There were also errors in testing of the propulsion systems, some of which led to leaks “as well as other mishandling of these systems,” Zurbuchen said.
Officials said they overestimated how long it would take to practice the deployment sequence of the Webb, which will launch curled up and then unfurl once in orbit. A process they expected to require two weeks, for example, ended up taking a month.
NASA announced some measures they would take at Northrop Grumman’s facility in California, where all of Webb’s parts currently reside. The space agency said they will increase engineering oversight at the facility in Redondo Beach and will track the company’s test reports on a weekly basis. Senior management from NASA's Goddard Space Flight Center in Maryland, where much of the telescope was constructed, will work out of Northrop Grumman’s offices on a permanent basis. Northrop Grumman’s project manager for Webb will report directly to C-suite level executives at the company “to help remove roadblocks to success within the company,” the officials said.
Altogether, these small fixes point to a big problem. Some of the issues with the Webb project, they suggest, are the fault of Northrup Grumman. The gao report suggested as much last month, saying that for several years “the prime contractor has overestimated workforce reductions, and technical challenges have prevented these planned reductions, necessitating the use of cost reserves.”
To get Webb to the finish line, NASA seems to have decided it has to get more involved in its contractor’s operations than ever before.
Northrop Grumman said in a statement the company “remains steadfast in its commitment to NASA and ensuring successful integration, launch and deployment” of Webb.
The next few months may be some of the most consequential for the Webb mission. The project is not out of the woods yet when it comes to testing the space observatory. The spacecraft element—the sun shield and the bus—still has to undergo the same kind of environmental testing that the telescope element already experienced. The process is expected to take a few months. Engineers will then put Webb all together and test it as one, making sure that all components work.
NASA said Tuesday it’s setting up an independent review board chaired by Tom Young, a NASA veteran. The recommendation from this committee and other groups “will be considered by NASA as it defines a more specific launch time frame,” NASA said. The space agency will then provide an assessment to Congress. In other words, don’t etch “May 2020” in stone just yet.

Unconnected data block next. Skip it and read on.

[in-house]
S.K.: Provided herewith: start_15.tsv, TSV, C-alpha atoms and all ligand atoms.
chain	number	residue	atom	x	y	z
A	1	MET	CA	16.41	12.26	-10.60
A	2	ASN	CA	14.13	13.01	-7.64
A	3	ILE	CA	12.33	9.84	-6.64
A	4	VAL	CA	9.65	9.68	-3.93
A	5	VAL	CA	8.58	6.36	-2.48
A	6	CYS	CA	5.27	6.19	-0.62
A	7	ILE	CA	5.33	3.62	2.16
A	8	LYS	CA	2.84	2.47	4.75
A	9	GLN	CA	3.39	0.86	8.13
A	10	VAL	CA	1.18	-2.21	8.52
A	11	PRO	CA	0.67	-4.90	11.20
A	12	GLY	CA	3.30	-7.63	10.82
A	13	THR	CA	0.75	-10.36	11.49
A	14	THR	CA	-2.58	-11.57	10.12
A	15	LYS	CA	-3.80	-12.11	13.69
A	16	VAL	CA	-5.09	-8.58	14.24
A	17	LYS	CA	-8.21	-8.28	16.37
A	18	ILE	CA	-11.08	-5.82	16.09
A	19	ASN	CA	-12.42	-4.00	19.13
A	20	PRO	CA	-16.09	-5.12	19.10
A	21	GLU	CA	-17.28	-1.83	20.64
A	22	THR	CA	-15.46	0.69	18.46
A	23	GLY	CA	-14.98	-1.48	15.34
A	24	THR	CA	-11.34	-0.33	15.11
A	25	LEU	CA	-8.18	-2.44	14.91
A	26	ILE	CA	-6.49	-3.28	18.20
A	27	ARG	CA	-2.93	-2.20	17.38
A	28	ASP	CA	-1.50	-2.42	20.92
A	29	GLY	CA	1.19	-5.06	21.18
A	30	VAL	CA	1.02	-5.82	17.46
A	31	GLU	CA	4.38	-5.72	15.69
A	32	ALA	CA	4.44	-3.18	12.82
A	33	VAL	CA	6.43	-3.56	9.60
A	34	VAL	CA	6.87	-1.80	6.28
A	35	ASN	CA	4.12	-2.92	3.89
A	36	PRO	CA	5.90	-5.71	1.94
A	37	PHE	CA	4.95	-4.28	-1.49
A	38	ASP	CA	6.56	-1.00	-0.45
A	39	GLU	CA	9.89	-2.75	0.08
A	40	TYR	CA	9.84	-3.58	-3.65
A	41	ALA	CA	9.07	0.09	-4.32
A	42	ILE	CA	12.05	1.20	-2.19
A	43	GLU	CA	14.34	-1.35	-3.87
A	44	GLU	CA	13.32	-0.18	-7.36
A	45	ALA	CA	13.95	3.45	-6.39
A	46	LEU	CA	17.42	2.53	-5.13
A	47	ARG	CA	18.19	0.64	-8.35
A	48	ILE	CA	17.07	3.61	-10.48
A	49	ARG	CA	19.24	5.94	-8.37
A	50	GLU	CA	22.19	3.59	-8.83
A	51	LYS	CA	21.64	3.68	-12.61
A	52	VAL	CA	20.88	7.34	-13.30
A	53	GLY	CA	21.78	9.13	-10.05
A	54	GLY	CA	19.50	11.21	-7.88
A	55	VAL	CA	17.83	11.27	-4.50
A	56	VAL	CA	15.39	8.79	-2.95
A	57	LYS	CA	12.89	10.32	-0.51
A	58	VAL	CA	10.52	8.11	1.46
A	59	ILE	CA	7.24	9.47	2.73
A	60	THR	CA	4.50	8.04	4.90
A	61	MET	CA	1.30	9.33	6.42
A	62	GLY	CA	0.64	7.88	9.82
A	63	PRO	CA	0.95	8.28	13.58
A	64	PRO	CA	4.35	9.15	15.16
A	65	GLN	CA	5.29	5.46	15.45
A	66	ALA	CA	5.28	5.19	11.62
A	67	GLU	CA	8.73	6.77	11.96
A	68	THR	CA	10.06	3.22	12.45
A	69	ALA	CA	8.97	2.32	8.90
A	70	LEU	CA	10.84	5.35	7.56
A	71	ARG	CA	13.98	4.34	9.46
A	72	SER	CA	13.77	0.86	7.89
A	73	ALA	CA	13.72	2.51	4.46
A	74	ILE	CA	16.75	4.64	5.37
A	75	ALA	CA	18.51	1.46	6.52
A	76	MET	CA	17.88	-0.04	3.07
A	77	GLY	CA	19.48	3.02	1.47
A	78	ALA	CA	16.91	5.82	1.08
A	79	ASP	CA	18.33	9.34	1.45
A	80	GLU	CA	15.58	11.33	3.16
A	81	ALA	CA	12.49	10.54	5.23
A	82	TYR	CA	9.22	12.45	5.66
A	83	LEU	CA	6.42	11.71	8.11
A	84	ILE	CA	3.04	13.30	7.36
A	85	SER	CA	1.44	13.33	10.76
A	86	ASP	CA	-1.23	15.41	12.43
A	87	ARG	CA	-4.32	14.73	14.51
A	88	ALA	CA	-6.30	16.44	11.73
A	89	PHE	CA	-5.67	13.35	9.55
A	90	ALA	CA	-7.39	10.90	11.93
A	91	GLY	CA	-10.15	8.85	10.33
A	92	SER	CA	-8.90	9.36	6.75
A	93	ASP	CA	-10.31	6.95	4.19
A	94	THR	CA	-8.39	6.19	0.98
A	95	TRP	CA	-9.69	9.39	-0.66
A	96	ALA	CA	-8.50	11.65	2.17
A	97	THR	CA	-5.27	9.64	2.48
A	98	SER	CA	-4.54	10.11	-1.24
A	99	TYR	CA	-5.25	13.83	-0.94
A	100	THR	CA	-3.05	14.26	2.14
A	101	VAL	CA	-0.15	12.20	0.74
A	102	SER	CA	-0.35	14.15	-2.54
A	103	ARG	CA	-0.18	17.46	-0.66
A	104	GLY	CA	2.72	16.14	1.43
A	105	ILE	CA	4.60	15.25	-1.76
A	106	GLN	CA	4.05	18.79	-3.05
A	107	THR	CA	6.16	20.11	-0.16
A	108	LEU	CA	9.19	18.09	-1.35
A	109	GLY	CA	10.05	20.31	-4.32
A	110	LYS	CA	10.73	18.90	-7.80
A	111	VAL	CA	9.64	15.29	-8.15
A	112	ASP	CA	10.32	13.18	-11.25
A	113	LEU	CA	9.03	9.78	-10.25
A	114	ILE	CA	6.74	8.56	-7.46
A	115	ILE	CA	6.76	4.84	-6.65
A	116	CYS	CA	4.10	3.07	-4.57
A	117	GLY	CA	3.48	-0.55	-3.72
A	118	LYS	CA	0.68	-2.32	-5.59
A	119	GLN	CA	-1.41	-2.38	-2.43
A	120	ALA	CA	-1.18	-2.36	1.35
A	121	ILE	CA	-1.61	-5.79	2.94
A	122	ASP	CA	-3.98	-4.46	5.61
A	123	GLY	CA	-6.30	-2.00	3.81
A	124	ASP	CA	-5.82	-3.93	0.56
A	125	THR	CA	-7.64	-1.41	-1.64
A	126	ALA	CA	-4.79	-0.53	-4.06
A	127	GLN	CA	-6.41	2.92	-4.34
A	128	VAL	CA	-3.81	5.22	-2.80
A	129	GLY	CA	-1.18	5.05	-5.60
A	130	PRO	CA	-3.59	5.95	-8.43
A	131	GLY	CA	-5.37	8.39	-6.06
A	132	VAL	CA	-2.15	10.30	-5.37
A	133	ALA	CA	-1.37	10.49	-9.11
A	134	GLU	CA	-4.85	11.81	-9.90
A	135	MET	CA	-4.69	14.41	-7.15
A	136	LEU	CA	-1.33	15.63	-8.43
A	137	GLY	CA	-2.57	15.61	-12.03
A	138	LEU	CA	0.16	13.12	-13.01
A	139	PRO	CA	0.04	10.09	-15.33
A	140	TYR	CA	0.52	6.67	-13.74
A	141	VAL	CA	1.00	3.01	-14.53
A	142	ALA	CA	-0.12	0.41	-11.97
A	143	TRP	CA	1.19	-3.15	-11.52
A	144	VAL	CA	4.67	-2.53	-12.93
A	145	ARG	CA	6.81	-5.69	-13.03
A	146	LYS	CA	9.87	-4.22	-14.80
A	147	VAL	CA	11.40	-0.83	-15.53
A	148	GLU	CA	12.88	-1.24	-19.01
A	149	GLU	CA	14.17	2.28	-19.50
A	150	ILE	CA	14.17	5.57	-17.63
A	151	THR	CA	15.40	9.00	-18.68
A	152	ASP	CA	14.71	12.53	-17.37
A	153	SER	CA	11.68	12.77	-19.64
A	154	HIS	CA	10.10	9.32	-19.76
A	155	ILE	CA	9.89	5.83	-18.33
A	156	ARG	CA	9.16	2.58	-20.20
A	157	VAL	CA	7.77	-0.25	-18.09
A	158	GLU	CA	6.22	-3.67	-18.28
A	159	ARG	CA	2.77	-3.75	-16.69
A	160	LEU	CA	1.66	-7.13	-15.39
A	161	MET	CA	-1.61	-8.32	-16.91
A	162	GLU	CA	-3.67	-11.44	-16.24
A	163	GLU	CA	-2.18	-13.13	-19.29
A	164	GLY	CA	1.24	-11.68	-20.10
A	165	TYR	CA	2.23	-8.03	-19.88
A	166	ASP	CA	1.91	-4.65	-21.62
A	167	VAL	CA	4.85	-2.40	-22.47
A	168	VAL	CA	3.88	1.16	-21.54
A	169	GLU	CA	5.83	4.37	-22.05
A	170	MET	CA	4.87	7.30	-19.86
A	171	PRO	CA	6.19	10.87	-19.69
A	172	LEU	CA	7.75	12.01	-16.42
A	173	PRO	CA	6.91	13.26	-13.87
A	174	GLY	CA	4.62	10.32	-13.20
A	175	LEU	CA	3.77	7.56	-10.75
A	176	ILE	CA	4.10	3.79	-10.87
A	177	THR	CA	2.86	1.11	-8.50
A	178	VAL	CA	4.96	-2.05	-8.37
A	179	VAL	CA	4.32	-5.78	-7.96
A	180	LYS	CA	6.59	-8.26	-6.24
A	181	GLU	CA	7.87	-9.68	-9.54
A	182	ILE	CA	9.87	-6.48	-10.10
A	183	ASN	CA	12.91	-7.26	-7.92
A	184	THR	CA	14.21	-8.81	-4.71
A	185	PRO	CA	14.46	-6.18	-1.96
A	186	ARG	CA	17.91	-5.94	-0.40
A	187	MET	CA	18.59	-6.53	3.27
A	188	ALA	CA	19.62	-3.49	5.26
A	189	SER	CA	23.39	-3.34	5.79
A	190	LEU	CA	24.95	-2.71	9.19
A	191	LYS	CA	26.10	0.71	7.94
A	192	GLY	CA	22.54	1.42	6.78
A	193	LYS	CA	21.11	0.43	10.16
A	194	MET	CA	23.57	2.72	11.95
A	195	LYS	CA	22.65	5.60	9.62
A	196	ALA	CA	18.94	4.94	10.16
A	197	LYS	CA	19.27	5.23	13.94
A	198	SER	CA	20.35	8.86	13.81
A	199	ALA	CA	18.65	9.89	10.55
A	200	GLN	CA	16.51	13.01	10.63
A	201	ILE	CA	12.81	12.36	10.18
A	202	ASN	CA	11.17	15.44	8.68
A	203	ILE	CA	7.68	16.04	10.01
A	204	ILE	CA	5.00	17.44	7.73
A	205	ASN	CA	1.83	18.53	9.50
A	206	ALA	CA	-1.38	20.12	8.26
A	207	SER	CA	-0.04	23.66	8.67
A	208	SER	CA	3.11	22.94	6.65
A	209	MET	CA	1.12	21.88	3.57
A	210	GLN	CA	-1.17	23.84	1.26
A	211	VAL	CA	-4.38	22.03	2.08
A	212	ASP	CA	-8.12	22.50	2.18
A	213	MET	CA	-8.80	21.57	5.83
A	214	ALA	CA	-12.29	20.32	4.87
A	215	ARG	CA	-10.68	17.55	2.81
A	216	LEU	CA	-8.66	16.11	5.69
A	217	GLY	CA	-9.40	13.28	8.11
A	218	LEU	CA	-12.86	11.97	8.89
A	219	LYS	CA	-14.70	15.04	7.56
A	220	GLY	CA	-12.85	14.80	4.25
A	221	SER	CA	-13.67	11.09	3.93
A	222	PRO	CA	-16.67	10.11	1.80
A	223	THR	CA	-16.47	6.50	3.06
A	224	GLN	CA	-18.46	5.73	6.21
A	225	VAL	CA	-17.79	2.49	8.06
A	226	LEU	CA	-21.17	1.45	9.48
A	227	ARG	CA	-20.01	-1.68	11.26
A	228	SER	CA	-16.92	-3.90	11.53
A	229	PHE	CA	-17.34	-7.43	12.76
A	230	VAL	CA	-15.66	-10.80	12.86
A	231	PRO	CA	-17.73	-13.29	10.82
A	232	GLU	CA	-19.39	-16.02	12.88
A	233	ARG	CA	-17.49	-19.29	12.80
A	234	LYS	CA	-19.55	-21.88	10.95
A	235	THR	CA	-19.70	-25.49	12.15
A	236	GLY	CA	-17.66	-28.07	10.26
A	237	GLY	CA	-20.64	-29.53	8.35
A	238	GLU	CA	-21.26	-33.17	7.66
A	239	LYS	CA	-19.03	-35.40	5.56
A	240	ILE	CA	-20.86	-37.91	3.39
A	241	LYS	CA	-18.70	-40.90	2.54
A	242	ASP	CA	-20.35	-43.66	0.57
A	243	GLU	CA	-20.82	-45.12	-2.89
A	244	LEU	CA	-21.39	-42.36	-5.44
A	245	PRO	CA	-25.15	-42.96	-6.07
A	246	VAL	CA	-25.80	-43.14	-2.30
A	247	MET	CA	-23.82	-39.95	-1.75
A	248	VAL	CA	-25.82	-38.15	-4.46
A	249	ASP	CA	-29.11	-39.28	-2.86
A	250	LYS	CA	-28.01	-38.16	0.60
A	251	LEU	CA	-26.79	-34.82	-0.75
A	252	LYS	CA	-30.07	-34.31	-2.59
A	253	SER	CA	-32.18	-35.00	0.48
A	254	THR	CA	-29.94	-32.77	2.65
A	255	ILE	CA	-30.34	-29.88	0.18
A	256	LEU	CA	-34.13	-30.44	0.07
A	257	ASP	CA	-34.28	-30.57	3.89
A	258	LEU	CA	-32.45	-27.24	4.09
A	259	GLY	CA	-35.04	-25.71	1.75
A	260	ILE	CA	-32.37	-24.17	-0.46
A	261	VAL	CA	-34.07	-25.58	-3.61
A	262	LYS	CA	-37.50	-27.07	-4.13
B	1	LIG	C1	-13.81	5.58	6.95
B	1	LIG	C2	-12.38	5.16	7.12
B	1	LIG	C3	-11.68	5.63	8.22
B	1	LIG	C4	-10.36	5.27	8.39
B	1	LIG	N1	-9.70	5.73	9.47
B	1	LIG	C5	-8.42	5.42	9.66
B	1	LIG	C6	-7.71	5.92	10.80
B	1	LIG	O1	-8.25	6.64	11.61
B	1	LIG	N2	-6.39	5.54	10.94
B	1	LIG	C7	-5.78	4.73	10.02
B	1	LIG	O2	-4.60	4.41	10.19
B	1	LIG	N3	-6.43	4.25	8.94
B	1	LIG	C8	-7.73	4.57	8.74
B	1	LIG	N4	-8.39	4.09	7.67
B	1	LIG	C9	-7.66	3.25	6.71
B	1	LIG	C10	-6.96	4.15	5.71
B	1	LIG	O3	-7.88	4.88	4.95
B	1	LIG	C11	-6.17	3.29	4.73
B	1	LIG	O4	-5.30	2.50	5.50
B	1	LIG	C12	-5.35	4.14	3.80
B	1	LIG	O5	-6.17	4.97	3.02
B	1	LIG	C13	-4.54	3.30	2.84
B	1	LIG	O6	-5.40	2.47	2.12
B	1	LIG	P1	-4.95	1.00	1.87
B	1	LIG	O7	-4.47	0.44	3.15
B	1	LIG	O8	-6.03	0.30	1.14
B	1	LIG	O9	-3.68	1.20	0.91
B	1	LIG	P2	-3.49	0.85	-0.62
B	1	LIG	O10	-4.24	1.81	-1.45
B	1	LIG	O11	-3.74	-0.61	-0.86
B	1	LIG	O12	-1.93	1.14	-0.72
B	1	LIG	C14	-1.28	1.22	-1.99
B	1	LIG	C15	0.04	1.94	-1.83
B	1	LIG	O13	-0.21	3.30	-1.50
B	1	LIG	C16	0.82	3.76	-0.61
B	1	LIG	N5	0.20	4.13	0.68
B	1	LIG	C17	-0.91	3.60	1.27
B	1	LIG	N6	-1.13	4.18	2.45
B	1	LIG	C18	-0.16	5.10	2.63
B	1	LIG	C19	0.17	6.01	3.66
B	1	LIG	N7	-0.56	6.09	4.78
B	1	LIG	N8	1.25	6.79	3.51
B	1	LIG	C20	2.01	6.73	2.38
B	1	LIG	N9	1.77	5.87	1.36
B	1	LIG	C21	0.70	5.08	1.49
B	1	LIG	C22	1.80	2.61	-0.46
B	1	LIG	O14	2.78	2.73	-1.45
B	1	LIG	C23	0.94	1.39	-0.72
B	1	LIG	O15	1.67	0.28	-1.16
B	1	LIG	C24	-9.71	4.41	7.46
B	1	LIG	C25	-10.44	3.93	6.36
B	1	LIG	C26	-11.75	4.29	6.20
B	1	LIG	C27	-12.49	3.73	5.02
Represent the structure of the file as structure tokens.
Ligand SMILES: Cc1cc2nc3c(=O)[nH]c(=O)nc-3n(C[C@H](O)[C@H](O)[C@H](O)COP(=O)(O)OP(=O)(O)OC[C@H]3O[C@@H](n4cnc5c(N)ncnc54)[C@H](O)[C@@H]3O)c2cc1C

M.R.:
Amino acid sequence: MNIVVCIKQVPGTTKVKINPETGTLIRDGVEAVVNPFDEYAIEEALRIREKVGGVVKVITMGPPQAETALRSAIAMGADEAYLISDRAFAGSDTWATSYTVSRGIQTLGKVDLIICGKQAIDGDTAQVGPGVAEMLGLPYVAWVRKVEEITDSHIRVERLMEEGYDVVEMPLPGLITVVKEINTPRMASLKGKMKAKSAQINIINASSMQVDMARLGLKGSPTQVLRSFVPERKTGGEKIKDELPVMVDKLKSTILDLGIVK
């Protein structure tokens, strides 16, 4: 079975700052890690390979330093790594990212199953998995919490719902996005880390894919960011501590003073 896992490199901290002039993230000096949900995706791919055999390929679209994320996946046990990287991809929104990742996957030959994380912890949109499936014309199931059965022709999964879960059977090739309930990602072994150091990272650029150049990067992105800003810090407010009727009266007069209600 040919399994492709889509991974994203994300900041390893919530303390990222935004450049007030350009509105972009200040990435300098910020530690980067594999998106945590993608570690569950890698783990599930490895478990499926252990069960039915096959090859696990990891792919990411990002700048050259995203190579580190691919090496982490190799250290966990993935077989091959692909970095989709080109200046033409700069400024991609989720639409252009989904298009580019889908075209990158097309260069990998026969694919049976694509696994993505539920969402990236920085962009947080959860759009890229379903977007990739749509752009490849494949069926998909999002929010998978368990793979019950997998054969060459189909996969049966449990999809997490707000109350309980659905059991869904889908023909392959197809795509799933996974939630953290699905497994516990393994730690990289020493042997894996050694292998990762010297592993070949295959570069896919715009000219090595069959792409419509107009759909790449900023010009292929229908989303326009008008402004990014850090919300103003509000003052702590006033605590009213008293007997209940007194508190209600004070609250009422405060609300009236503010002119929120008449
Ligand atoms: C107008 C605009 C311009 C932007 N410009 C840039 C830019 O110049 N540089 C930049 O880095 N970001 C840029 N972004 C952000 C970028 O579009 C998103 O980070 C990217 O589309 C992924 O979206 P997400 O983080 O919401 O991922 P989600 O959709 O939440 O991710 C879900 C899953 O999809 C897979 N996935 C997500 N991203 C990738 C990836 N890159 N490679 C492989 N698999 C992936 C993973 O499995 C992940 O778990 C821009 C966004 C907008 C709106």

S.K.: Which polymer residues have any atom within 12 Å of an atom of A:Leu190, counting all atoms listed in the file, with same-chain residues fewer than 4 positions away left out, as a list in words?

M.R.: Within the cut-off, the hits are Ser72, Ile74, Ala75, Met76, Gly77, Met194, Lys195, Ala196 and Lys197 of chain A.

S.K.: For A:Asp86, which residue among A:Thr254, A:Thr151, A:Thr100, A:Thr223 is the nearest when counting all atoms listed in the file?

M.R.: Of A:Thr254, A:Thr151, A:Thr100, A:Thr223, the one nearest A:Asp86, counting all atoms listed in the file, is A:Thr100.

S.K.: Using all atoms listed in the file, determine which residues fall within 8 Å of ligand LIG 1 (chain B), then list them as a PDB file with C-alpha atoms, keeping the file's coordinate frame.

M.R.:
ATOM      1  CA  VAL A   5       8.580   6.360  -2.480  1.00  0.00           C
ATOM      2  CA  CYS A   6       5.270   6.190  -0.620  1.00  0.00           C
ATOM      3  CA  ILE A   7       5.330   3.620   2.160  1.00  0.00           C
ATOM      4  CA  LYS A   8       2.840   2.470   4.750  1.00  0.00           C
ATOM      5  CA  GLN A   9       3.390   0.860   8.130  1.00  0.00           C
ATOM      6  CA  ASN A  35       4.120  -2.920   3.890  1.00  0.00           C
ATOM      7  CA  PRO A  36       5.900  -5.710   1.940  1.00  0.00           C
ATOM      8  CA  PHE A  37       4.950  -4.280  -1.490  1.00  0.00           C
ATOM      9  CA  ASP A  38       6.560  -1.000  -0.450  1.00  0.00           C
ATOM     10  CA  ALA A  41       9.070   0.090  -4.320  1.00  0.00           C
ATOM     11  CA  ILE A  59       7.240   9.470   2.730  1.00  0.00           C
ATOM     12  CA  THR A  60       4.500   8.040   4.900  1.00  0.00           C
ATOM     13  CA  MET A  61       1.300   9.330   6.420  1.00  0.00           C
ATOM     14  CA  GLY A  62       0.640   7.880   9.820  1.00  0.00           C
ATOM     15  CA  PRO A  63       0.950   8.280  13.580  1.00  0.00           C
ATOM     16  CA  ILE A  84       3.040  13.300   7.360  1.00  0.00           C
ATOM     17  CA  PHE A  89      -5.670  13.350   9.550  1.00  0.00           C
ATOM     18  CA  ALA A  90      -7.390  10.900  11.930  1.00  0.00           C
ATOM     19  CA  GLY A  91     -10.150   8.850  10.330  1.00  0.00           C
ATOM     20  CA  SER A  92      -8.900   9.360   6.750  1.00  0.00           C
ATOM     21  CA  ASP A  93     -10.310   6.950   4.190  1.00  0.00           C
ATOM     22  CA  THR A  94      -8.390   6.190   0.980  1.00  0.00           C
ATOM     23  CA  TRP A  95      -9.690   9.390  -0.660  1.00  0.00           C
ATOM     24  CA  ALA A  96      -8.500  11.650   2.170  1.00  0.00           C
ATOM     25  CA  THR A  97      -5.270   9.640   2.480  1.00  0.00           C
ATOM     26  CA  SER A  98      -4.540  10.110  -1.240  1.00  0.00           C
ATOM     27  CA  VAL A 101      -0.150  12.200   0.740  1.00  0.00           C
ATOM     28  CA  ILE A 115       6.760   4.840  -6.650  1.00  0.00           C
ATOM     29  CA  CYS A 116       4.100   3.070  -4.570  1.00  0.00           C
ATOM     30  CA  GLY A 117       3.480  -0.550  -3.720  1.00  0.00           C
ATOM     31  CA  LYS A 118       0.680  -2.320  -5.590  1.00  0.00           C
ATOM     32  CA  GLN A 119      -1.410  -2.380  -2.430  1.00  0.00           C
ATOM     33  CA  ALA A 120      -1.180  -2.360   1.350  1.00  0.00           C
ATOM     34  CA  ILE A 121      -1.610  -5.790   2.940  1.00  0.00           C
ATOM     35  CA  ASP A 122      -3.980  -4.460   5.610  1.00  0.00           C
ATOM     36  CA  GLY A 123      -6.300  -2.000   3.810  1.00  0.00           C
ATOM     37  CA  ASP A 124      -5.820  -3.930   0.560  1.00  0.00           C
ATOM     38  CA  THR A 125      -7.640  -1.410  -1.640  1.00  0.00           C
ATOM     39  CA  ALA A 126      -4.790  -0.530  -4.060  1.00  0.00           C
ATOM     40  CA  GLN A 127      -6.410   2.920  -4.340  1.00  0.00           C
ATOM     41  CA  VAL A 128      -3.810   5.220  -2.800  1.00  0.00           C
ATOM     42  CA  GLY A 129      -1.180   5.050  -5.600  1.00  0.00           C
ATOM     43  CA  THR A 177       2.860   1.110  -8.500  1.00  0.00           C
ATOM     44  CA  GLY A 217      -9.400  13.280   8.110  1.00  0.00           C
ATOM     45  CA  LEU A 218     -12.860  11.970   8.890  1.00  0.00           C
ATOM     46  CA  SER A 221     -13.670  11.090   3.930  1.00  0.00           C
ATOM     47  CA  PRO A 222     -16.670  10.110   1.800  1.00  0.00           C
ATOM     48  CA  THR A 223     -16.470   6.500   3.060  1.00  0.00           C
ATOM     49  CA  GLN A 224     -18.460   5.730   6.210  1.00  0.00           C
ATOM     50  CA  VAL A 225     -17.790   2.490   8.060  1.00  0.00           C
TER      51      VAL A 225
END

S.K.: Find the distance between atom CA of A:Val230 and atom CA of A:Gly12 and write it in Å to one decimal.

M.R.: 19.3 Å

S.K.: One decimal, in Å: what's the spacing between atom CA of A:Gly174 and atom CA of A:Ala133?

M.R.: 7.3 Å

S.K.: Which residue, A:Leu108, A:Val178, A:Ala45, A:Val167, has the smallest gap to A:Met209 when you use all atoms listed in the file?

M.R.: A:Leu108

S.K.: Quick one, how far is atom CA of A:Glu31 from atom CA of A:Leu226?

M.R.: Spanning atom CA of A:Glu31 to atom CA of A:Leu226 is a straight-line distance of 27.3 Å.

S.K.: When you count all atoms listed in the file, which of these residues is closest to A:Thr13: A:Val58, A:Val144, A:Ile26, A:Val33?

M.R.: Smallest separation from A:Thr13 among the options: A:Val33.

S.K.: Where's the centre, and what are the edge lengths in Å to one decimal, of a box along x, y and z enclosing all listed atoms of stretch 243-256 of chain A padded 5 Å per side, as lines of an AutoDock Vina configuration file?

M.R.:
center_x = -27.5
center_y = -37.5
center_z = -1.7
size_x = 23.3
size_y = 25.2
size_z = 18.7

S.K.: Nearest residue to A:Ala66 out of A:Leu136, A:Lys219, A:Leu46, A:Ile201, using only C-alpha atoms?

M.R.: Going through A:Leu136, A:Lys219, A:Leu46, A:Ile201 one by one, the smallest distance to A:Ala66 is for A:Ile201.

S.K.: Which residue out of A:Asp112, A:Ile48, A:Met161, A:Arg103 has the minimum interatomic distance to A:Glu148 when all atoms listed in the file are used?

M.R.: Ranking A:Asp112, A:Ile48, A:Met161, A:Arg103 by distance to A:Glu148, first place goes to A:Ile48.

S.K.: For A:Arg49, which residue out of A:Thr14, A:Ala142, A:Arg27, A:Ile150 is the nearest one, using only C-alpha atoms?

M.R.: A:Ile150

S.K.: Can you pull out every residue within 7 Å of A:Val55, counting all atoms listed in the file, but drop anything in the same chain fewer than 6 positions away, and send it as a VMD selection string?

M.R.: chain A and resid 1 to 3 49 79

The delay comes a little over a week before the deadline for submissions from astronomy proposals for Webb’s first batch of observations, leading to some pretty good but painful tweets, like this one:
There is no question that the Webb will launch someday. Nasa has already invested $7.3 billion in the project, so to kill the space telescope now, after 20 years, would be to waste all that money.
But these technical issues sound particularly distressing when you consider just how complex Webb’s deployment process will be. Once in space, the space observatory will spend about two weeks unfurling into shape, all the while making course corrections as it settles into its orbit around the sun. The process is completely automated and involves about 180 deployments.
NASA officials have said Webb can only withstand the failure of about six steps in this sequence. If something goes wrong, there’s nothing anyone can do back on the ground. Unlike Hubble, Webb is not built to receive repair crews, and at nearly 1 million miles from Earth, it’s too far for astronauts to reach. Mistakes on the ground are far easier to deal with than errors in space.